Characteristics of the clinical data for T2DM TB patients
Patient enrollment started on April 1, 2012, and a total of 180 TB patients were screened before March 31, 2015. Among 180 new PTB patients with T2DM, none were excluded due to missing data or any other reason. And so, finally, 180 cases were included in our study. All 180 patients were diagnosed previously with T2DM during the workup of PTB. Based on the HbAlc level detection results and Chinese type 2 diabetes prevention and treatment guidelines (2013 version),13 all patients were divided into three groups: HbAlc level <7% (Group I, n=32), HbAlc level from 7% to 9% (Group II, n=48), and HbAlc level >9% (Group III, n=100) (Table 1).
Comparison of imaging features in T2DM TB in patients with different HbA1c levels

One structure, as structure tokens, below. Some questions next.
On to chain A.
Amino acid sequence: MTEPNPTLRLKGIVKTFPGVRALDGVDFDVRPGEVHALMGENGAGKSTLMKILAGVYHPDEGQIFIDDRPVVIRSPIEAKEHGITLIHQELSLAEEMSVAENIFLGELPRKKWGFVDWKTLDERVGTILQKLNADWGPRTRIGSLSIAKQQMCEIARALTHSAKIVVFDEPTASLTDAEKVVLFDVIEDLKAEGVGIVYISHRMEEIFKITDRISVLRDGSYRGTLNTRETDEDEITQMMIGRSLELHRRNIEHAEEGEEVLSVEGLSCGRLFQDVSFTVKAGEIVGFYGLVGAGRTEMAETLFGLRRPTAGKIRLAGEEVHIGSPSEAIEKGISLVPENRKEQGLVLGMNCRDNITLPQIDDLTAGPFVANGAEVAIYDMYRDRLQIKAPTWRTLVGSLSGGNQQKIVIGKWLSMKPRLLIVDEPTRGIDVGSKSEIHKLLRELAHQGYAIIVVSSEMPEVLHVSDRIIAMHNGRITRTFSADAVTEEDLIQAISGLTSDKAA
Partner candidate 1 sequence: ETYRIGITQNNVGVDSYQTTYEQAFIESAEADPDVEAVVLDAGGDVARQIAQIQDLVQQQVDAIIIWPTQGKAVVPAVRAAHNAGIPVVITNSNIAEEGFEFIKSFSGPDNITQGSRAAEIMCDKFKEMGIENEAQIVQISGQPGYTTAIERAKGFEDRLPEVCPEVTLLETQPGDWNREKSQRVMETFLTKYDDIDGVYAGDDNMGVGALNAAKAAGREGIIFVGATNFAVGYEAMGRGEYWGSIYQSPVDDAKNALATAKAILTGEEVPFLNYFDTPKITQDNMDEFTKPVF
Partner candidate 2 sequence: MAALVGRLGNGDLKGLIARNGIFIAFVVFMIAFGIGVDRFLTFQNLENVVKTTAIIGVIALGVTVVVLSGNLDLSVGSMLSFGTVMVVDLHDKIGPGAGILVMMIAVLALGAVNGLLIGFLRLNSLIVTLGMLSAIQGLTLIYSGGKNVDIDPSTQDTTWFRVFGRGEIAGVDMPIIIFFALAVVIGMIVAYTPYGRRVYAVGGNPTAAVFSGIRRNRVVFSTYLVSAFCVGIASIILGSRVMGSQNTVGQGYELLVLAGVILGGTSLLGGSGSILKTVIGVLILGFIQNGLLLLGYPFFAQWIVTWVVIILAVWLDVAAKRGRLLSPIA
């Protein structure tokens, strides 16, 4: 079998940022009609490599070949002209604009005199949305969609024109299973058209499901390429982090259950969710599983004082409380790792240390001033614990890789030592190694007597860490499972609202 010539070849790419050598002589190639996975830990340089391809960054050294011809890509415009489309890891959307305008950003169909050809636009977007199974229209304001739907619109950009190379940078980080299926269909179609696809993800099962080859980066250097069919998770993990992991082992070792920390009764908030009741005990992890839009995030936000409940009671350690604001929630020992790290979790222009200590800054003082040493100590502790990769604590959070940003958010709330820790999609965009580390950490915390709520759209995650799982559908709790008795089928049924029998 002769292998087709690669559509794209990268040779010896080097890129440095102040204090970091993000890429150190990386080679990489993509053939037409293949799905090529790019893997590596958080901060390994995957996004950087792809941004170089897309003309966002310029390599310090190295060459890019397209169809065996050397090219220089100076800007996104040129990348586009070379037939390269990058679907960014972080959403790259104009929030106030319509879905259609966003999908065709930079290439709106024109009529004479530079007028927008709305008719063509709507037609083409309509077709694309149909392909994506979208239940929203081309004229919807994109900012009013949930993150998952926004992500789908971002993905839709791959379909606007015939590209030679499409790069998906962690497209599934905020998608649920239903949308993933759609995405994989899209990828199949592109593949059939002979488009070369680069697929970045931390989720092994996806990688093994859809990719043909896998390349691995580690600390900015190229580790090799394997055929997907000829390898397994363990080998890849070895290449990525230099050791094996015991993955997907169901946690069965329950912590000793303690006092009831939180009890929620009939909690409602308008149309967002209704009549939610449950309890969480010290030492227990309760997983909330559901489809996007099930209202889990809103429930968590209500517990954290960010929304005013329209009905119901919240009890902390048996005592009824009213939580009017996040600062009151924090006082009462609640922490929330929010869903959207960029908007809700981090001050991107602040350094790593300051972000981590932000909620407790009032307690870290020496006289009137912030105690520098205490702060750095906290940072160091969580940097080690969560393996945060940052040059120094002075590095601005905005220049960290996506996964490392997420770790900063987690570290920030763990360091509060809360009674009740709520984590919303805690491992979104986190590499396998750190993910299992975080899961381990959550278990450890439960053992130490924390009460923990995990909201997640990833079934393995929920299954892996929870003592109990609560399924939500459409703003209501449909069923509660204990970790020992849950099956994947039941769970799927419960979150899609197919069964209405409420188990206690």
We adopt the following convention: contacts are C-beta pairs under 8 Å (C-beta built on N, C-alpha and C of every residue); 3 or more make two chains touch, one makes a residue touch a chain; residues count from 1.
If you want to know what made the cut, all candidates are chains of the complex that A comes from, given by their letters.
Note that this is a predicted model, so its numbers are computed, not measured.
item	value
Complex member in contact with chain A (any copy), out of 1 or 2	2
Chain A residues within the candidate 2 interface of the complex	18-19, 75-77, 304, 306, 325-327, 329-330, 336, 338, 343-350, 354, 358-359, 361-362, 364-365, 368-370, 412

Figure 1A shows that the upper lobe of the right lung has larger diameter of the exact shadow. In the three groups, the detection rate of large segmented leafy shadow (Figure 1B) was 50% (16/32), 56.2% (27/48), and 87% (87/100); the air bronchogram sign (Figure 1C) detection rate was 40.6% (13/32), 47.9% (23/48), and 77% (77/100); the discovery rate of mouth-eaten cavity (Figure 1D) was 31.2% (10/32), 45.8% (22/48), and 65% (65/100); thick wall cavity (Figure 1E) detection rate was 25% (8/32), 31.2% (15/48), and 52% (52/100); the rate of multiple cavities (Figure 1F) was 34.3% (11/32), 50% (24/48), and 73% (73/100); and bronchial TB (Figure 1G) was found in 33.3% (7/32), 21.8% (16/48), and 46% (46/100), respectively (Figure 2). The detection rates of lesions in Group III were significantly higher than in Group II and Group I (p<0.05), and the rate of discovery was significant (p<0.05) (Table 1). Meanwhile, the mean size of lesions in the three groups increased with the increasing of the HbAlc levels (Figure 3). After treatment, in the patients whose HbAlc level reached control target (<7%) among the three groups, CT absorption improvement rates of 100% (32/32), 72.9% (35/48), 56% (56/100) were observed, respectively, (Figure 4). The therapeutic efficacy rate of group I was better than group II (x2=10.35, p<0.01), and the treatment efficacy rate of group II was better than group III (x2=3.92, p<0.05). The TB improvement rate of all groups increased progressively (x2=21.81, p<0.05) (Figure 5, Table 2).